and opted-out physicians was that the latter were likely to be "more
individualistic and conservative in their attitudes toward the role
of government in health services."25 Many recent statements
by the Ontario Medical Association confirm that an important objective
of opting-out is to re-establish the consumer-provider relationship
that once characterized patient-physician interactions. A central
component of this traditional relationship is the direct monetary
transaction between patient and doctor, without government intervention.
Physicians who advocate opting-out are in fact asking for provider
control over the total price of physician services. Some seem to
believe that they are simple entrepreneurs, offering services in
a free market, much like the corner shoe repair man.
The vehement philosophical objections to OHIP voiced by some of
our opted-out colleagues indicate that raising OHIP benefits alone
wouldn't convince all physicians to opt back in.
Option B: Limiting the Use of Publicly Funded Hospitals to Doctors
Who Are Opted-in: While the Medical Reform Group of Ontario
believes that doctors should not be able to make uncontrolled private
profits through their use of publicly-funded facilities in hospitals,
limiting the use of such hospitals to opted-in physicians would
be an indirect and awkward method of bringing doctors back into
OHIP. First, it would apply pressure primarily on physicians who
use hospitals extensively. A large number of urban general practitioners
and some specialists make little use of hospitals, and the bulk
of health care services are delivered outside of hospitals. Secondly,
limiting hospital use could well lead to pressure for the construction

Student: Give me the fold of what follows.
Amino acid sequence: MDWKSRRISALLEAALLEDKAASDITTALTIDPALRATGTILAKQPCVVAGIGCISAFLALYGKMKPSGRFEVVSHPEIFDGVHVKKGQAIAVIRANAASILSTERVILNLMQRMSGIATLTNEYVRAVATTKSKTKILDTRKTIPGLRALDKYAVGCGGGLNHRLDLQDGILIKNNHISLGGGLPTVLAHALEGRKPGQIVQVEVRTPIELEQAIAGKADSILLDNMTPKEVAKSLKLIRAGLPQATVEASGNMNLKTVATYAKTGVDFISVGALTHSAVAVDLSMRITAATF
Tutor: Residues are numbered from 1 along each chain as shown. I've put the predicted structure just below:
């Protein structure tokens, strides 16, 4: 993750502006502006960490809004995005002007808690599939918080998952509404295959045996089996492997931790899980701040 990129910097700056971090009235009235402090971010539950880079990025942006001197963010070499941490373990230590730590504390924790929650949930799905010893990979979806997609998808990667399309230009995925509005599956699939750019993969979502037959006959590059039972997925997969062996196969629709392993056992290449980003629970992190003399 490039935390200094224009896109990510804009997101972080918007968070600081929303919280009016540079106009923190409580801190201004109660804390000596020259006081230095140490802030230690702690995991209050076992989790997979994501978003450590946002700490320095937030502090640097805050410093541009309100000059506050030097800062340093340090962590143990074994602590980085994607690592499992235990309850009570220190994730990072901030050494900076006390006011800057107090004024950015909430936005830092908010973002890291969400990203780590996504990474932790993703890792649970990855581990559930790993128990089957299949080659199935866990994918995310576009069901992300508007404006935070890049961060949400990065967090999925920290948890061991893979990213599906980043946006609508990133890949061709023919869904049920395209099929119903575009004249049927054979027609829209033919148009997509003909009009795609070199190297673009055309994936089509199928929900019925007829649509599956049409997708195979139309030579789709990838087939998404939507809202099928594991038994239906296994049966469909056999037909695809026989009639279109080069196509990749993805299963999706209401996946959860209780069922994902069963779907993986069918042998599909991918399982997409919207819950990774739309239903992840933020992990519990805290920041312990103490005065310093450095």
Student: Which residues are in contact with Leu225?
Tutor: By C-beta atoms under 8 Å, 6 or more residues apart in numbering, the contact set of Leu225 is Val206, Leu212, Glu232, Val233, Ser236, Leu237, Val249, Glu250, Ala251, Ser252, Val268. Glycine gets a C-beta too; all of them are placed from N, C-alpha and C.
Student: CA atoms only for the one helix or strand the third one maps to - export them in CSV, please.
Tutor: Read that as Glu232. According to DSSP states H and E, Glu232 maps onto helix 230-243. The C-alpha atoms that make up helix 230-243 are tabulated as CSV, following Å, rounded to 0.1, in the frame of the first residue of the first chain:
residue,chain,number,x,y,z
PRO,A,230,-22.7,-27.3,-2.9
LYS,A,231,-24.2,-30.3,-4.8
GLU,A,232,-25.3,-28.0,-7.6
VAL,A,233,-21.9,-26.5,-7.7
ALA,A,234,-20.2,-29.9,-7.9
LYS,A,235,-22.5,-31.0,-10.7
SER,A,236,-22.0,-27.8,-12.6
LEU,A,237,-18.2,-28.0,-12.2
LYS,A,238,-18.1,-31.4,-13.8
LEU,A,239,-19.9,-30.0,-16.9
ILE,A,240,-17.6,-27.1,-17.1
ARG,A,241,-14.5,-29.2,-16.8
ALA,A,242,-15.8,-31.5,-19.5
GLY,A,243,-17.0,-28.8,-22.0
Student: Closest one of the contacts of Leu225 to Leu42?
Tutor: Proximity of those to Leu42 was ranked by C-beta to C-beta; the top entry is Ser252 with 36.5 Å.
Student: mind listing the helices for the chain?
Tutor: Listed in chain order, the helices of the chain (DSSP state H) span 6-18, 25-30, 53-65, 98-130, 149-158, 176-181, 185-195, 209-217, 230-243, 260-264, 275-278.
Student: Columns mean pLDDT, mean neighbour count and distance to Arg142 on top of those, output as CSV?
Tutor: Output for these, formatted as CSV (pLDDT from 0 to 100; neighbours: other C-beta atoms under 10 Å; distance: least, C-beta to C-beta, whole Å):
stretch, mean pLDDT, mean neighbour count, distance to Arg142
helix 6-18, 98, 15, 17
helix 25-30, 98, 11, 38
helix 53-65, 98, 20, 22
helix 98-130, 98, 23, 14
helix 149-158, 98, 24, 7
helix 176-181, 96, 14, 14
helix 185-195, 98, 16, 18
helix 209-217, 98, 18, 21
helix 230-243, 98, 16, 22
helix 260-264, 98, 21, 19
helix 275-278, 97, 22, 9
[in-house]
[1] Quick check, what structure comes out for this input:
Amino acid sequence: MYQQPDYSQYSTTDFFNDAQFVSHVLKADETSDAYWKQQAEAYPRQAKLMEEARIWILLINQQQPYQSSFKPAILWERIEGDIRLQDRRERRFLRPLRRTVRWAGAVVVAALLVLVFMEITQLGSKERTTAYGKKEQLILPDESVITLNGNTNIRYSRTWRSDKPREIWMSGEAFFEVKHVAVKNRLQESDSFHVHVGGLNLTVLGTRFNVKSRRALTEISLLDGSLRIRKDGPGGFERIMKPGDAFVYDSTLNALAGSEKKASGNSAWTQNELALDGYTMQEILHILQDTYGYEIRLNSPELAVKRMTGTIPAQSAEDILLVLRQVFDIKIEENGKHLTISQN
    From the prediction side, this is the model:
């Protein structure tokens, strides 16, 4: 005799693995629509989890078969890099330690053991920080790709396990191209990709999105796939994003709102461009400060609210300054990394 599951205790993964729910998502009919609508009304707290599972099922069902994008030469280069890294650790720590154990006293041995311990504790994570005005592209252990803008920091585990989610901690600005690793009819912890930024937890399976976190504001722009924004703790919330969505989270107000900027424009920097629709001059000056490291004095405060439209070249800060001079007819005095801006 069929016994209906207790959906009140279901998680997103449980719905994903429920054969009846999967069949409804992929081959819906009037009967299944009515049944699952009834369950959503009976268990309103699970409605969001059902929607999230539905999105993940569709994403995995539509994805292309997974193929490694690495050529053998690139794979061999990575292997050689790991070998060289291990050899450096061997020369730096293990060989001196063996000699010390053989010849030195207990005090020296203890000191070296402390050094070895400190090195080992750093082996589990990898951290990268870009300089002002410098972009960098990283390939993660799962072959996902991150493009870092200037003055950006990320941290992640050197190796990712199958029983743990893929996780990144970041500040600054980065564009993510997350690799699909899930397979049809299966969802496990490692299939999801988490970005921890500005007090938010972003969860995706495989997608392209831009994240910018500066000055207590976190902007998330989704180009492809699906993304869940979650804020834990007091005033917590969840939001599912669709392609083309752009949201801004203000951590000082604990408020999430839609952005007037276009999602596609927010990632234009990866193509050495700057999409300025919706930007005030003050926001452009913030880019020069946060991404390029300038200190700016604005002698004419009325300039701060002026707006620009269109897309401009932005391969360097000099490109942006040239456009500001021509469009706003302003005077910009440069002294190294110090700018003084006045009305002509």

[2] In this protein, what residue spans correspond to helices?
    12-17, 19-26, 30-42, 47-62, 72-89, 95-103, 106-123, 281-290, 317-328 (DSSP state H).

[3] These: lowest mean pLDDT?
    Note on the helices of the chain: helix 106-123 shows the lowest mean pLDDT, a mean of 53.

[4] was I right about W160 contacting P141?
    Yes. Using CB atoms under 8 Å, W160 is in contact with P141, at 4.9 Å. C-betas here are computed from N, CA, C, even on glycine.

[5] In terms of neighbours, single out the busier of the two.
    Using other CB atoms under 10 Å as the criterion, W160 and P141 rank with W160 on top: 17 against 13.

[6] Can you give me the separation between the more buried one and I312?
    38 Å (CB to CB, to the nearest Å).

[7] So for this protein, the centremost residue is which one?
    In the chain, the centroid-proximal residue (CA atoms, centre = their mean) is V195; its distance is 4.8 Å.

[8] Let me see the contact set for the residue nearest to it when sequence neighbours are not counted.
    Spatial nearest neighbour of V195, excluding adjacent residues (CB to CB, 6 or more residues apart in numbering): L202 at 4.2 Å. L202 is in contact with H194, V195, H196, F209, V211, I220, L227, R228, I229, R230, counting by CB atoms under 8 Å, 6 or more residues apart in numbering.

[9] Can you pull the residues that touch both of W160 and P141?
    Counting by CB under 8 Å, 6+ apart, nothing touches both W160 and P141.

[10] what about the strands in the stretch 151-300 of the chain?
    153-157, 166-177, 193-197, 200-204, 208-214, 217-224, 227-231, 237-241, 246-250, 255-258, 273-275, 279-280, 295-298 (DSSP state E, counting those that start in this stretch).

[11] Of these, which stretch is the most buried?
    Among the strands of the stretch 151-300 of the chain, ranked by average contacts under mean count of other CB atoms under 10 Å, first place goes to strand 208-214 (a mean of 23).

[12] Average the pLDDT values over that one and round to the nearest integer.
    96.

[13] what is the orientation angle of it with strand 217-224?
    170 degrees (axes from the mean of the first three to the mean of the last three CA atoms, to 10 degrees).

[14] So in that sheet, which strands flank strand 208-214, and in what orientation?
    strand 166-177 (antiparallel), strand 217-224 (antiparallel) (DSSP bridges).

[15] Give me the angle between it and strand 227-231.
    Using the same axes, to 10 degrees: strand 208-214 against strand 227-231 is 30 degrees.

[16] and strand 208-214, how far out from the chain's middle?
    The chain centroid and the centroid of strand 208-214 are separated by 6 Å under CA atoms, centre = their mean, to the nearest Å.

of private hospitals along the lines of the American model. Finally,
there is a practical problem in enforcing such an arrangement: group
practices could leave only one physician opted-in to do hospital
admissions for the entire group by referral; the group could share
total incomes, thus circumventing the measure entirely.
Option C: The Quebec Option: The system currently employed
in Quebec limits Medicare benefits to those who receive their care
from opted-in doctors. Therefore, patients who see opted-out doctors
are entirely responsible for the costs of any services rendered.
Under this system, a physician must be either 'all in' or 'all out'
of the plan.
This kind of legislation, while attractive as a direct attack on
the problem, would almost certainly provoke a major confrontation
with a small minority of physicians. Some of these doctors might
be tempted to try practicing 'entirely out' of the OHIP system,
at least as an initial strategic manoeuvre, in response to the legislation.
Others would threaten to leave the country. In geographic areas
where most or all of the available physicians in a given specialty
might take either of these actions, serious hardship could result
for all but the most wealthy patients.
Option D: Legislating All Doctors Into OHIP: This option
would differ from the Quebec option in that 'entirely opted-out'
physicians would not be allowed to practice at all. A physician
could not bill a patient directly. Such legislation is most unlikely